A rare “love song” from Anna Tivel. “Dust & Magic” is a song about loving someone, learning their colors, their depths. It’s about trying to see someone honestly, even when they’re hard to see. It’s about knowing and hoping the person you love can find their way back from a darker place, believing in the raw power of their beautiful spirit


Sara Renberg is a songwriter hailing from Portland and now based out of Pittsburgh. Having recently released her second album, Night Sands, on the excellent Antiquated Future Records, Sara has this week shared the album’s second single, and stand-out track, Elderly Lesbians.

Discussing Night Sands, Sara has suggested it’s a record about being, “thirty-two, gay and single”, the album muses on the theme of simultaneously fearing and craving intimacy. Jangly lackadaisical guitars drift atop lo-fi, cymbal heavy drum beats, all topped with Sara’s conversational vocal style. Lyrically it really shines, Sara walking the similarly mundane-surreal tight-rope perfected by the likes of Frankie Cosmos and The Mountain Goats as she comically recalls googling, “elderly lesbians to cheer myself up but all the results were porn”before hitting straight to the emotional core with the repeated line, “I’m still not sure exactly what it means to be living in exile from old dreams”. A wry observer of the minutiae that make life both crushing and beautiful, Sara Renberg and her elderly lesbians are wonderful.

The second single from Sara Renberg’s sophomore album “Night Sands.” Out February 2nd, 2018 on Antiquated Future Records.


Drums: Cayla Davis (on 1-4, 9)
Bass: Joshua James Amberson
All other instruments and vocals: Sara Renberg

Night Sands is out now via Antiquated Futures Records.


Raised on a steady diet of sarah records singles, slumberland noise pop, and creation-era shoegaze, Portland’s A Certain Smile work hard to find that balance between the sweet twee, the fuzzy gaze, and punky pop

Thomas Andrew, band leader of A Certain Smile, is a man on a mission to keep the Portland indie-pop scene alive; whether he’s playing records at the Toffee Club Sunday Brunch, or putting out his radio show on Freeform Radio or fronting his band, he’s always keeping the jangly, fuzzy, indie-pop flame burning. Originally formed back in 2002, A Certain Smile are in some ways an homage to the music Thomas loves, labels like Slumberland and Sarah’s Records, bands like Velocity Girls and McCarthy; their influence is all over the band’s upcoming debut album, Fits And Starts. That record is out next month.



Discussing the inspiration behind the track, Thomas suggests that it is,  “about long distance love and the inequities of separation.” Atop a backing of energetic blurring drums, reverberating guitar lines and driving bass, Thomas’ vocal carries a tale of missed phone calls, changing lifestyles and the joy of getting the call and slipping right back into love. It’s a perfect blend of the melancholic and the romantic seemingly free of musical fads and trends.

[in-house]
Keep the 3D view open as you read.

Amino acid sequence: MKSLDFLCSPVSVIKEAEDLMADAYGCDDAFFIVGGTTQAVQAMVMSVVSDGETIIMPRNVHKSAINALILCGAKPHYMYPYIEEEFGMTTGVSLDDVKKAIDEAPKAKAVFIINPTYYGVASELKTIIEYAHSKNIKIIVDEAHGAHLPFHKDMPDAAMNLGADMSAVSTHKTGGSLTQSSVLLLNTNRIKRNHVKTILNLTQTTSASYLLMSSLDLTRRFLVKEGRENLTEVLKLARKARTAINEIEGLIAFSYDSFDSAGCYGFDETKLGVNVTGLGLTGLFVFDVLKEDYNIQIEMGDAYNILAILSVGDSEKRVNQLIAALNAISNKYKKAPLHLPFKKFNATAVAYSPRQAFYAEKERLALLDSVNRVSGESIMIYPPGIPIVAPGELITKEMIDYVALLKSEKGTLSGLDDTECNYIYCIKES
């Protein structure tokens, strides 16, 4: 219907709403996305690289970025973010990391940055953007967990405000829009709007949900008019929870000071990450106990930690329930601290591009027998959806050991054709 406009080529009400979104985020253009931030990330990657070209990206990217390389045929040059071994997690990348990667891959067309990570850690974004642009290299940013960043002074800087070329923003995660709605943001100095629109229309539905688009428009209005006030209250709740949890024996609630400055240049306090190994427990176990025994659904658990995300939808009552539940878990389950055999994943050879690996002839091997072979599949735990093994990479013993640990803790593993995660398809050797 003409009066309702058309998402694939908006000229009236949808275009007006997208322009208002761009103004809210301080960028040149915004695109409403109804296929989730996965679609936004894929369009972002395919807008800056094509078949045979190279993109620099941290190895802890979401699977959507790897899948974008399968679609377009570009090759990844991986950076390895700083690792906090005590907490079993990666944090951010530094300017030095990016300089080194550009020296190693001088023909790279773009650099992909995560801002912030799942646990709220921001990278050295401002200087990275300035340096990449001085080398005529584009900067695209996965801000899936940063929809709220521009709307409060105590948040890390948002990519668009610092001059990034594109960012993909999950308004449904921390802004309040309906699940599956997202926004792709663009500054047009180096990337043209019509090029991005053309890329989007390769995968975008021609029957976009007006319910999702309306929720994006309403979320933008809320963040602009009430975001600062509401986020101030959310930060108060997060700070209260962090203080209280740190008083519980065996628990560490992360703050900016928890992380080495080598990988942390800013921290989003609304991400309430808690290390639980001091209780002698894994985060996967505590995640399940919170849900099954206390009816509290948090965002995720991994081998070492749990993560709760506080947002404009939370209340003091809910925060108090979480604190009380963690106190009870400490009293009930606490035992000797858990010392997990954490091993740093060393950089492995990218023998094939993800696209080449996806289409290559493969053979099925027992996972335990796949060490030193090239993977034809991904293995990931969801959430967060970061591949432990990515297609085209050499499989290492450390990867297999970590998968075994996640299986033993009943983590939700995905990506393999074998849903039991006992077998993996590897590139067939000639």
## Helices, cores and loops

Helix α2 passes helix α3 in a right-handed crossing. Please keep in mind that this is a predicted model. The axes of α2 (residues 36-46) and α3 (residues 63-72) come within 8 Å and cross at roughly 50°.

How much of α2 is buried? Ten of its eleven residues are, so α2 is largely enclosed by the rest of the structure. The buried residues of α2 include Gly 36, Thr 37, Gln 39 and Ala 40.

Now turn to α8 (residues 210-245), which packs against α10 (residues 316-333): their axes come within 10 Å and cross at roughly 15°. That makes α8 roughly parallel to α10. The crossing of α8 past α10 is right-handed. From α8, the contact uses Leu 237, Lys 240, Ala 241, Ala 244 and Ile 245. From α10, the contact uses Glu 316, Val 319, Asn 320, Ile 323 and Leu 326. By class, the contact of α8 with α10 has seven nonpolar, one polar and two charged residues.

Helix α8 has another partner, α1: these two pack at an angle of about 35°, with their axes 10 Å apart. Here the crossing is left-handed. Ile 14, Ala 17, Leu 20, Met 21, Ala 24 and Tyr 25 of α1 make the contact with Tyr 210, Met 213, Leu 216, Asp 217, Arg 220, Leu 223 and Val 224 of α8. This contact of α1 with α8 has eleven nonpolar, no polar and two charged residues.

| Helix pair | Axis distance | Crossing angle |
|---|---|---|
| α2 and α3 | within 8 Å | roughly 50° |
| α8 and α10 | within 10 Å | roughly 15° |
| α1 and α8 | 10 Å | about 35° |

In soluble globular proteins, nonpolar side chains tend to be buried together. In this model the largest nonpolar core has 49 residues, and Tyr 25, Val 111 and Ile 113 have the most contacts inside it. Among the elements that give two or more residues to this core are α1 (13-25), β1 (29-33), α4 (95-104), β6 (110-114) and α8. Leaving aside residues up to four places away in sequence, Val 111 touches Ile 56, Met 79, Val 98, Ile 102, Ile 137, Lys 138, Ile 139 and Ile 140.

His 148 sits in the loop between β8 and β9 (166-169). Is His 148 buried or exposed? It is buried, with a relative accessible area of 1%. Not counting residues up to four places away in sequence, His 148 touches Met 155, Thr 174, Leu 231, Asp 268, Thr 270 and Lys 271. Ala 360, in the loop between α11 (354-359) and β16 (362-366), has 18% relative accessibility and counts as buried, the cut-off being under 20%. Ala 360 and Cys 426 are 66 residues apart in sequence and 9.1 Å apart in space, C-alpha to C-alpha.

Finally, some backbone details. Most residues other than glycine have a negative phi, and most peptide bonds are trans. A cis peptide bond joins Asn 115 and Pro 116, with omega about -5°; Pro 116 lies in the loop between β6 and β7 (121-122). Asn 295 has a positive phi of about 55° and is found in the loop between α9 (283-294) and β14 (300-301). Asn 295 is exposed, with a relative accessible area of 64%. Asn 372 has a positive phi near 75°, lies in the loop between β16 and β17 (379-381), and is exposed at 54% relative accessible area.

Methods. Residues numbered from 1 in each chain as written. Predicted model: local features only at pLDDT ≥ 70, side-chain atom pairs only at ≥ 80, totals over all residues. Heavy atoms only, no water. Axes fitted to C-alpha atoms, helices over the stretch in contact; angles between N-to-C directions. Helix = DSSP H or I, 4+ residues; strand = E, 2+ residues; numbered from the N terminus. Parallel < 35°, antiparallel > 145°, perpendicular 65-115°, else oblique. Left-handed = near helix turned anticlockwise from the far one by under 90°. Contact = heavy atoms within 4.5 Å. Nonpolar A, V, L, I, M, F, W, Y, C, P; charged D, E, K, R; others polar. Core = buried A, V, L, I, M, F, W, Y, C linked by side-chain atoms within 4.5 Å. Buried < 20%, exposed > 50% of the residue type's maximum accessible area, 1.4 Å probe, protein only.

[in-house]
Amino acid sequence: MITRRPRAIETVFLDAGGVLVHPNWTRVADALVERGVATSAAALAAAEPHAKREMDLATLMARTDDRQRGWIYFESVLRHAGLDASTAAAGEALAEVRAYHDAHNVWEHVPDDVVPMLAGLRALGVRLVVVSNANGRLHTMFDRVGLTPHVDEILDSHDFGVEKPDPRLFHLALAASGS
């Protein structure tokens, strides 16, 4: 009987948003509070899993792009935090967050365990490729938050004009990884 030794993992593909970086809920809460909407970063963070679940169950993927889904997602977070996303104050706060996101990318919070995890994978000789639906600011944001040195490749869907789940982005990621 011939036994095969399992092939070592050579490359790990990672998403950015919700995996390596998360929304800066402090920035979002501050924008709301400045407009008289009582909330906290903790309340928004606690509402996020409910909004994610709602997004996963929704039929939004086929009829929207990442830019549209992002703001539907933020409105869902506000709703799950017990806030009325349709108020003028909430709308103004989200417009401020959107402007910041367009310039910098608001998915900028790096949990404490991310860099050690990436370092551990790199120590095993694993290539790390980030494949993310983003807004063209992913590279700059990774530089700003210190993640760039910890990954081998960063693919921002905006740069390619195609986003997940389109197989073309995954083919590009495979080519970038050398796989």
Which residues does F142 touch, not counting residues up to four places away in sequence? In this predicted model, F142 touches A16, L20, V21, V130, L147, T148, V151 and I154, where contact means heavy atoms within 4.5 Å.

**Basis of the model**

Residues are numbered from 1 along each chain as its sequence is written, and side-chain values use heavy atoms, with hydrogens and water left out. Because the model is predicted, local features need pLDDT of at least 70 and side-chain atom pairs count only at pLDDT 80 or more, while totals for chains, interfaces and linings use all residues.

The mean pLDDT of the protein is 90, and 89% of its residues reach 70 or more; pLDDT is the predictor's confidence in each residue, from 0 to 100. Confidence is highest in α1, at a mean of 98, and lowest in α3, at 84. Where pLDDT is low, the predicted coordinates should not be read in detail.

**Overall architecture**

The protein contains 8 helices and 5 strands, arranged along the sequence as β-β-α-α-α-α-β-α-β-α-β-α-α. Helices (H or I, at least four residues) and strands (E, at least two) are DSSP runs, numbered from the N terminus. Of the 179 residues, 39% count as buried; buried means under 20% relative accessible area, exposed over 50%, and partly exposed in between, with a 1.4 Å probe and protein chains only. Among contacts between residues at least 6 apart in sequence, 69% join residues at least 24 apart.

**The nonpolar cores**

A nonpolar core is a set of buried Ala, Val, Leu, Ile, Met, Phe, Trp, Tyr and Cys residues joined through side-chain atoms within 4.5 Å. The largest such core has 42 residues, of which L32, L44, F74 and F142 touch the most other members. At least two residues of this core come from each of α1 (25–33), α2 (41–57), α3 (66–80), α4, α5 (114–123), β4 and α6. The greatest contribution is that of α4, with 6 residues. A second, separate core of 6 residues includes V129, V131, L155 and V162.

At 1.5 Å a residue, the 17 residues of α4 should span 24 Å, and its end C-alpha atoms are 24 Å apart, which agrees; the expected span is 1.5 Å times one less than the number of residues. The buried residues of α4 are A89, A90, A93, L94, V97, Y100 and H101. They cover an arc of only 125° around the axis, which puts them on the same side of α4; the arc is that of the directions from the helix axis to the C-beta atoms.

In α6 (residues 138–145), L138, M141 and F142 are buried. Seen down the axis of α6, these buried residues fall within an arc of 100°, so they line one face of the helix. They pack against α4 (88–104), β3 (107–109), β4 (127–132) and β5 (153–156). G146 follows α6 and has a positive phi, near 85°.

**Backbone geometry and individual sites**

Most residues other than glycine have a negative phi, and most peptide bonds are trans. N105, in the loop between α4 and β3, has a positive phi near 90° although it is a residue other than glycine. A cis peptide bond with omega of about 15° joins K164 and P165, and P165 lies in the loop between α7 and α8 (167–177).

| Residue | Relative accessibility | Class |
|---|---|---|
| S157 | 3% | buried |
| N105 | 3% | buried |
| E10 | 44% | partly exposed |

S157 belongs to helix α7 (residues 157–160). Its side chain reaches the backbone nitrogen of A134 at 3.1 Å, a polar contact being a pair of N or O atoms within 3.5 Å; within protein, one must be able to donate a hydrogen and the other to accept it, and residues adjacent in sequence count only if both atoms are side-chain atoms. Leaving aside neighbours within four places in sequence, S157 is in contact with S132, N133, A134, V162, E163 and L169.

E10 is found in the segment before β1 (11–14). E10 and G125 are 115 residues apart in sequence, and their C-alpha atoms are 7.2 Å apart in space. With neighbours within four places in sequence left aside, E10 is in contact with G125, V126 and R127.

There are those who will argue this record is some sort of retro-throwback, the final dying scream of a genre on its last legs, yet when it is done this well, it’s hard to do anything but embrace the jangle and enjoy a perfect indie-pop song.



Ever since his wonderful debut album ‘Dolls of Highland’ was released on Sub Pop Record in 2016, Kyle Craft has been a critic’s dream. Based in Portland, he serves up all the observational, storytelling talent with none of the attitude that so often comes with male singer-songwriter territory. “I’ve found my place,” he says. “I’m not one of those people that approaches music for anyone other than myself. My favorite part about music is when it’s just me and a notebook.” Speaking of, his second forthcoming album ‘Full Circle Nightmare’ is entirely autobiographical. Sonically, thematically, lyrically, it’s a huge leap forward from his 2016 release.
The title ‘Full Circle Nightmare’ refers to a moment where Craft saw his life for what it is and told himself to be satisfied. “But that’s nightmarish to me,” he laughs. He described his debut record as: “like walking down this long hall of bizarre characters and surreal experiences, moving through the spider web of love and loss.” This album is when you get to the end of that hallway, turn around and see all the stuff you’ve been through, then walk through the door, close it and start a new chapter in an even crazier hallway. A straight-up rollicking rock’n’roll album, it traverses all the different nuances of the genre; from the bluegrass twang of ‘Exile Rag,’ to the gothic style..of ‘Gold Calf Moan,’ it’s a timeless piece that could exist in any of the past five decades.

In terms of contemporary peers, Craft likes to stay in his own lane. He’s an old soul who sticks to his tried and tested influences. Social media is not his game – it’s just not interesting to him. He’s not fussed about preaching his politics or discussing the status quo either. “I don’t really like writing a time piece. I don’t wanna get trapped in the ‘Donald Trump era of Kyle Craft,’ you know? I’m a very off-the-grid sort of person. As much as I am traveling across this giant place sometimes I just feel so outside of it. Also, I’m not necessarily a stand-up citizen so it’s hard for me to say: here’s Kyle Craft’s America, ladies and gentlemen.” 


The ironic thing is that ‘Full Circle Nightmare’ sounds exactly like Kyle Craft’s America. That is what he’s built for us: the story of one man’s trials and tribulations to find his passion and voice for art and creativity in this vast opportunistic country. Where did he find it? Among the historic riches of America’s most honest sounds.

The Decemberists Ill Be Your Girl Art.jpg

The Decemberists  are exploring a new sound alongside a new producer on their eighth studio album, “I’ll Be Your Girl”, due out on March 16th via Capitol Records. The Colin Meloy-led, Portland-based band have detailed their John Congleton-produced new album and shared its first single, the swaggering, synth-driven track “Severed.”